The Government has today announced temporary changes to the Companies Act 1993, in an effort to support businesses facing insolvency as a result of COVID-19. Consumer Affairs Minister Kris Faafoi described the changes as being intended to ease the threat of personal liability of directors for insolvency in order to keep companies trading, rather than prematurely closing down, and therefore minimising the disruption to the economy. The Government will be asking for some changes to operate retrospectively (which might mirror changes to director duties in the UK).
While the detail of the proposed legislation is not yet available, the temporary changes announced include:
- Giving directors of companies facing significant liquidity problems because of COVID-19 a ‘safe harbour’ from insolvency duties under the Companies Act;
- Enabling businesses affected by COVID-19 to place existing debts into hibernation until they are able to start trading normally again;
- Allowing the use of electronic signatures where necessary due to COVID-19 restrictions;
- Giving the Registrar of Companies the power to temporarily extend deadlines imposed on companies, incorporated societies, charitable trusts and other entities under legislation, and
- Giving temporary relief for entities that are unable to comply with requirements in their constitutions or rules because of COVID-19.
Acknowledging potential concerns on the part of creditors, Finance Minister Grant Robertson was quick to stress that "other protections in the Companies Act, such as those addressing serious breaches of the duty to act in good faith and punishing those who dishonestly incur debts, will remain in place.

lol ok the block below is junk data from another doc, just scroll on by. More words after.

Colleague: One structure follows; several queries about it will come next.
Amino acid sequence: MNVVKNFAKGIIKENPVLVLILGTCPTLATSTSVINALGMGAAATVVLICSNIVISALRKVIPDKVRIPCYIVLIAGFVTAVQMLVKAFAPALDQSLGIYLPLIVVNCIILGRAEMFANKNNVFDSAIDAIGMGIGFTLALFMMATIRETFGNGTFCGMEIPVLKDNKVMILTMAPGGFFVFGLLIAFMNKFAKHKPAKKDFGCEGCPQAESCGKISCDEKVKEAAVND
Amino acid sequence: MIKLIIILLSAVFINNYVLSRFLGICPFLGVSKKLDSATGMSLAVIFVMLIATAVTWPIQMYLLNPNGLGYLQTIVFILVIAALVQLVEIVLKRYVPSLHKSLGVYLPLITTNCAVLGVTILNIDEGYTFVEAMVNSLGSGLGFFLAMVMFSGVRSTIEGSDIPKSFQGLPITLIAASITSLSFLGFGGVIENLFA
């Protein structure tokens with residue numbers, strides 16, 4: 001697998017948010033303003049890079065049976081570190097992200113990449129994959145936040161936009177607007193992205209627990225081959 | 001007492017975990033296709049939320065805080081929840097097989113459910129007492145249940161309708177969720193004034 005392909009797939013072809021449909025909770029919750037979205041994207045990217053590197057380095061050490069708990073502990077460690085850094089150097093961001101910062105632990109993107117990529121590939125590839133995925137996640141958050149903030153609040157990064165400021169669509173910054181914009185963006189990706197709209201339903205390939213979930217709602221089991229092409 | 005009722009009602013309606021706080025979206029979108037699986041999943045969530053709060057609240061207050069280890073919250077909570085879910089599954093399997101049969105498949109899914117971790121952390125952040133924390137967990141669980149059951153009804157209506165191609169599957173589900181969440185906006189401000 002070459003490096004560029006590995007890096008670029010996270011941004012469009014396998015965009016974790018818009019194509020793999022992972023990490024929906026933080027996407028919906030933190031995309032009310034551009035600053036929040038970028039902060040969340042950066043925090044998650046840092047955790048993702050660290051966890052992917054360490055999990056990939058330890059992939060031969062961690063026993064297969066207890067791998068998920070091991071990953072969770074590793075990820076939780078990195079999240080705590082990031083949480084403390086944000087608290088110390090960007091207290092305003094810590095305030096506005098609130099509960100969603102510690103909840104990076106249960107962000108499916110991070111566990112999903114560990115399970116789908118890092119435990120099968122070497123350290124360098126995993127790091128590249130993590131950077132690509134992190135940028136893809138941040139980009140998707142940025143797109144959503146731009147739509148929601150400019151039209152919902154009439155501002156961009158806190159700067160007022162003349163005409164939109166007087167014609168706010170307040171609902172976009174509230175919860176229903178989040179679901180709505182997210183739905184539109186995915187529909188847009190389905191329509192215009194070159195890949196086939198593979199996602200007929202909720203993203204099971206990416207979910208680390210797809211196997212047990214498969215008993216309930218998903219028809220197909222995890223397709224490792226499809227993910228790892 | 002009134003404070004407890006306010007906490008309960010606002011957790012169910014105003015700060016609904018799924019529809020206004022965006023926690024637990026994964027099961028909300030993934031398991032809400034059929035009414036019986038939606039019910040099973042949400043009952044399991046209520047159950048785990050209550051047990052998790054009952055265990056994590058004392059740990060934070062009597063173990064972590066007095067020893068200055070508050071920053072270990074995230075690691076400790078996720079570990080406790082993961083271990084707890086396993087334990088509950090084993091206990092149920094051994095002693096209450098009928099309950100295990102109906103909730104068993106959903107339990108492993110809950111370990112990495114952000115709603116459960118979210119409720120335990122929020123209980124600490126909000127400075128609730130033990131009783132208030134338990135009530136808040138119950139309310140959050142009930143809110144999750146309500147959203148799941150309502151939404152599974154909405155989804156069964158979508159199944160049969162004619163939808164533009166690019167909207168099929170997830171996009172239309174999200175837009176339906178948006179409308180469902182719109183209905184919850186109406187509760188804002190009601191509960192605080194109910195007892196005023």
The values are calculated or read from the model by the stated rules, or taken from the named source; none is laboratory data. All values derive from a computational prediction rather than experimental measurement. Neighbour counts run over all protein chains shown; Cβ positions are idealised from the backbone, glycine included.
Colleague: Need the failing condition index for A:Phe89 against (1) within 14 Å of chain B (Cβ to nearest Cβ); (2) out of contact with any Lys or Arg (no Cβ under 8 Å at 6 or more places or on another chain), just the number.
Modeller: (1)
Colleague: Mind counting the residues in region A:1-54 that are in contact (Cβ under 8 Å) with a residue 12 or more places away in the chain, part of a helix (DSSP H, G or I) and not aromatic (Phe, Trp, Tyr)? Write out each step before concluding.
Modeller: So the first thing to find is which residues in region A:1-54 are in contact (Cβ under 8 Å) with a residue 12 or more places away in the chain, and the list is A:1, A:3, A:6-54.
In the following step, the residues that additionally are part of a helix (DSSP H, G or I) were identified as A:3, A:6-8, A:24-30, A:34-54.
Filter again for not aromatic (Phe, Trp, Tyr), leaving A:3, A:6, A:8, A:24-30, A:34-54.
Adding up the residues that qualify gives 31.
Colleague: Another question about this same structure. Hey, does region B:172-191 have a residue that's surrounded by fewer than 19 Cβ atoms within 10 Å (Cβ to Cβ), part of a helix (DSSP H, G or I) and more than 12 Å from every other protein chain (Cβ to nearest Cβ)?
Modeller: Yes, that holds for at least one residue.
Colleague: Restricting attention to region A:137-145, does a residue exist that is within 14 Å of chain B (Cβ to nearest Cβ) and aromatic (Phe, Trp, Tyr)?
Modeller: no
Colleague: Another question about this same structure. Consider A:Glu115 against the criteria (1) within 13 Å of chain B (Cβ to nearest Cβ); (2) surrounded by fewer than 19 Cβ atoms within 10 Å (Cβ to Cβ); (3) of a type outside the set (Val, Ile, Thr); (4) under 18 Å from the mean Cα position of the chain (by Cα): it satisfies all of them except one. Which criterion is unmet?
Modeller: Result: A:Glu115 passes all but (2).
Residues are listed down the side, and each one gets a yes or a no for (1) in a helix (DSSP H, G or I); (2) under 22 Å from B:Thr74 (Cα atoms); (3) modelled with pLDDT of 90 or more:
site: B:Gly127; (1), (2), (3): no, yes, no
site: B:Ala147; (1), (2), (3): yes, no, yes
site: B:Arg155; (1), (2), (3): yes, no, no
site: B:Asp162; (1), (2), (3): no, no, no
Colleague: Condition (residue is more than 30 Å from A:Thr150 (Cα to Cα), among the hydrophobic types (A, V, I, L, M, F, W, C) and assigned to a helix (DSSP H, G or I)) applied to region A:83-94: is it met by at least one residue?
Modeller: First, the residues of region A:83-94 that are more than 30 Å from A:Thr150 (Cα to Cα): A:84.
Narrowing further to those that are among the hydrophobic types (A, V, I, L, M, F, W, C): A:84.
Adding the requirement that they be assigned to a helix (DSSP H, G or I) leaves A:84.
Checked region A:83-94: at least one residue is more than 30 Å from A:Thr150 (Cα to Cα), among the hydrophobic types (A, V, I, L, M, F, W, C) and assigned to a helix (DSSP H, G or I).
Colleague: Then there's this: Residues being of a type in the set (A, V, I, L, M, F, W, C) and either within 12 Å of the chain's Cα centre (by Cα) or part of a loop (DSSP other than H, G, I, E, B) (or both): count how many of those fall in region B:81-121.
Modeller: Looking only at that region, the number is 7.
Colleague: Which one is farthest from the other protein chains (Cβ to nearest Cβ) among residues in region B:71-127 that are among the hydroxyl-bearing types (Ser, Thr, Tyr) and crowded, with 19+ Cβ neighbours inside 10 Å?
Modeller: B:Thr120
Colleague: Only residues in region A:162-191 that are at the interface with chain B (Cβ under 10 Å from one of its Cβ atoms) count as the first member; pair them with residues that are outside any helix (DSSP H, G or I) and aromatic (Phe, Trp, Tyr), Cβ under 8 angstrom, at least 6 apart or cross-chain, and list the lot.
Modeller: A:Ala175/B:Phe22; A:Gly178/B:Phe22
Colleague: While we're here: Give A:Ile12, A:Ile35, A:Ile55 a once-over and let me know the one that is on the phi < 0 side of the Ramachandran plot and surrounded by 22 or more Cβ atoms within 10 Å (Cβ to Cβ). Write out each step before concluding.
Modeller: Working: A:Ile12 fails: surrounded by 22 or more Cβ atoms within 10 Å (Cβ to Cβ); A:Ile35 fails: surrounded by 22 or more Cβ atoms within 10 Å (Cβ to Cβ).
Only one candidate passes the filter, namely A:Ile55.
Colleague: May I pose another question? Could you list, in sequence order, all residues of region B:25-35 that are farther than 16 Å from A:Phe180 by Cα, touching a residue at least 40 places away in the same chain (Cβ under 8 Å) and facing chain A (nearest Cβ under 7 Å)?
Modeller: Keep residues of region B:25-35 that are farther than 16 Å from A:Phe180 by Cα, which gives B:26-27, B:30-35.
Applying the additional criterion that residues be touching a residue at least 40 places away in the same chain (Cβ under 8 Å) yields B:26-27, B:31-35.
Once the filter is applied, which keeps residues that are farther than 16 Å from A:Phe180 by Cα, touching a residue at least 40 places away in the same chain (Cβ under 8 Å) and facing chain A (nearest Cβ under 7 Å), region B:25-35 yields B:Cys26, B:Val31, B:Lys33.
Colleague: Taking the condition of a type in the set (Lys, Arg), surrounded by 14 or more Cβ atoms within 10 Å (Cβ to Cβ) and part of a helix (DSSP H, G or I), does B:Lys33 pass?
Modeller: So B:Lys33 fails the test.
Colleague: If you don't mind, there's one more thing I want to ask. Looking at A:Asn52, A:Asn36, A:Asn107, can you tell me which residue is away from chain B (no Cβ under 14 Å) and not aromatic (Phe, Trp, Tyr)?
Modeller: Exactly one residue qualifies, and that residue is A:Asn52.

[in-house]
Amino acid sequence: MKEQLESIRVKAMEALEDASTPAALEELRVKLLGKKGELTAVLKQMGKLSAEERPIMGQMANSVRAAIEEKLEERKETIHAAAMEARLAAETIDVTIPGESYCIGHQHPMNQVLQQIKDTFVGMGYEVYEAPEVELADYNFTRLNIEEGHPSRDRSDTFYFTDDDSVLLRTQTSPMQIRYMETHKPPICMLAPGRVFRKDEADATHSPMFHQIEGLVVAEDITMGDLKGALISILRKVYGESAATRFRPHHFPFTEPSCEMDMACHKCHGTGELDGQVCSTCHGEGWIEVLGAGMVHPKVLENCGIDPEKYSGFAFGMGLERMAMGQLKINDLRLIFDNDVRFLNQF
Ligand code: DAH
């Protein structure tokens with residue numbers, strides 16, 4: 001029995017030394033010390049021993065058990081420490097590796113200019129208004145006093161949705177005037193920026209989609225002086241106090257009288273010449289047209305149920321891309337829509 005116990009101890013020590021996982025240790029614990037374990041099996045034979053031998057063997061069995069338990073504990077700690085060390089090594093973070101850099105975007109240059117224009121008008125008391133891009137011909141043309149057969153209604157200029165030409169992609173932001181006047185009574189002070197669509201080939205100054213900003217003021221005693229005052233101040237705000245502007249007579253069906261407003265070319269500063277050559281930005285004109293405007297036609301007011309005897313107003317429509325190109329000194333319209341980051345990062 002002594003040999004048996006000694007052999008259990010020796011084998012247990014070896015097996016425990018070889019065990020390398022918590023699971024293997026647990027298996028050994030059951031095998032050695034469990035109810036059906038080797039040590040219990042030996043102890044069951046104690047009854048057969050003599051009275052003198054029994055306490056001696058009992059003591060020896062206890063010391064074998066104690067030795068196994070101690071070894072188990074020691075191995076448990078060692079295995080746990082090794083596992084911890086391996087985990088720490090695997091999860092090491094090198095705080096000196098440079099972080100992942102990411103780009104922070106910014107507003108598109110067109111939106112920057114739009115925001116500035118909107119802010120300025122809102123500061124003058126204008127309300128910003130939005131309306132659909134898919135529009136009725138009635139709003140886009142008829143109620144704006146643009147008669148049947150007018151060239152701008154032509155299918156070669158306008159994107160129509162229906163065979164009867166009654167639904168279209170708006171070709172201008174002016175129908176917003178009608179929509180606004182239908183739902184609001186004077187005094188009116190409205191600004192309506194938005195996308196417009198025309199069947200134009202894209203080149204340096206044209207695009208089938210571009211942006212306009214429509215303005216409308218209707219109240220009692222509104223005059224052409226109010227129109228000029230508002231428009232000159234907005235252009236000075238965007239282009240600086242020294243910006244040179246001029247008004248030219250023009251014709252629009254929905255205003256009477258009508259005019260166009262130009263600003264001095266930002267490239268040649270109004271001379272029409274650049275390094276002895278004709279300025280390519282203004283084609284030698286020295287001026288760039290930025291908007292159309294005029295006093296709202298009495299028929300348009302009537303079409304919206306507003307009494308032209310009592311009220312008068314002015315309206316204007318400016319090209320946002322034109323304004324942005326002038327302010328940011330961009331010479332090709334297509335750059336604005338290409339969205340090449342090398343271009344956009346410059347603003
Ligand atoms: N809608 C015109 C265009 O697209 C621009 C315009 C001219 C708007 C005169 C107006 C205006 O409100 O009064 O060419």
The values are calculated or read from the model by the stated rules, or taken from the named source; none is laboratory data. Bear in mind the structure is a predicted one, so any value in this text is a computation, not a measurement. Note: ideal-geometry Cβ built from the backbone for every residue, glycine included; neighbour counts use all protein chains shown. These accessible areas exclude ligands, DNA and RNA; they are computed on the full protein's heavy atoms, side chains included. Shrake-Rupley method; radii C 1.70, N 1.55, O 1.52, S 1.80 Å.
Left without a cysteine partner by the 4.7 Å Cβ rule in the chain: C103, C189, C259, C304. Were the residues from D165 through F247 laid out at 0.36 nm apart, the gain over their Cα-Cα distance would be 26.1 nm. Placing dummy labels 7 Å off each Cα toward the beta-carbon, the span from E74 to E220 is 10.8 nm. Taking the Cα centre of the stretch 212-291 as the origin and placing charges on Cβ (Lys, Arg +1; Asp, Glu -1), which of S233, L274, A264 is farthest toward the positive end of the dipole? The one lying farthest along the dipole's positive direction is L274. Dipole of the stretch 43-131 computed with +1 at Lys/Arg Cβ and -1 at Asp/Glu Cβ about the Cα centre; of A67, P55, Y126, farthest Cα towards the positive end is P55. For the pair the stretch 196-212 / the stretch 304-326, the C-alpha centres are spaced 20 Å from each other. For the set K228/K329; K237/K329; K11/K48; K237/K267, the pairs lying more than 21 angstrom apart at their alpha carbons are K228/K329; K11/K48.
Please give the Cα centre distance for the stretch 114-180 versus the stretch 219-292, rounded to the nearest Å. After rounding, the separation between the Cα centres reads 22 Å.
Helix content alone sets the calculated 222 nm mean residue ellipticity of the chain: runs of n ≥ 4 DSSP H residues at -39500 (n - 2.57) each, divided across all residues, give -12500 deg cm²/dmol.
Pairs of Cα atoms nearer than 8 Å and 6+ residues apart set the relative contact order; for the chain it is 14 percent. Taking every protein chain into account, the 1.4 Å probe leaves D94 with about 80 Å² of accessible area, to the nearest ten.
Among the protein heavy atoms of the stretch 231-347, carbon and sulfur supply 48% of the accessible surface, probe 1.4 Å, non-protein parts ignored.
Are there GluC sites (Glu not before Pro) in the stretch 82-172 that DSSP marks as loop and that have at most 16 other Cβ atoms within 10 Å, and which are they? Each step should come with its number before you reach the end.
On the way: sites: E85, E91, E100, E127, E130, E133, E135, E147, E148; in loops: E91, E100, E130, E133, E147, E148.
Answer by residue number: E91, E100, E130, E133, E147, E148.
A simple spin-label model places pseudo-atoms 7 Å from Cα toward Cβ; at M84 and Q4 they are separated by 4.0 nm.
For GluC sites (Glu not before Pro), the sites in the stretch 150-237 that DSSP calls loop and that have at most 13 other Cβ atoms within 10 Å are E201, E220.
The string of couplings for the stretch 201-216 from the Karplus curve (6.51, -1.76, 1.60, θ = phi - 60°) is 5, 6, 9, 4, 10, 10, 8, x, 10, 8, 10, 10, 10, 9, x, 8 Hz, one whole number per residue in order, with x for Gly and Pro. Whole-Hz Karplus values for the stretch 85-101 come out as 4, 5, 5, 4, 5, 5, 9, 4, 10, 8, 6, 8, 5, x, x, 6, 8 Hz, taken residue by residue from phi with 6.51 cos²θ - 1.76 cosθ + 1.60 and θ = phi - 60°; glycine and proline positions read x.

In relation to the safe harbour element of the proposal, it remains to be seen whether the legislation will reflect the draft Member's Bill introduced by Alastair Scott
in December last year. This provided an additional defence for directors to claims under section 135 and 136 of the Companies Act if, after suspecting the company is or may become insolvent, the directors start to develop one or more courses of action, or commence to take a course of action reasonably likely to lead to a better outcome for the company.
The changes announced follow similar moves around the world, including in Australia and the United Kingdom, to provide directors and companies with breathing room during this time of financial stress:
- In Australia, the Federal Government has passed temporary amendments to provide directors relief from liability for insolvent trading for an initial period 6 months where debts are incurred in the ordinary course of business, as well as to increase the minimum threshold at which creditors can issue a statutory demand from $2,000 to $20,000 for a period of 6 months and to allow companies 6 months rather than the current 21 days.
- In the UK, the government has announced plans to provide protection for directors (to apply retrospectively) from 1 March 2020 against liability for wrongful trading, as well as a new restructuring procedure providing a moratorium to allow companies time to explore options for rescue.
We will provide further analysis of the proposed changes once the draft legislation is available. In the meantime, the announcement of the temporary changes can be found here
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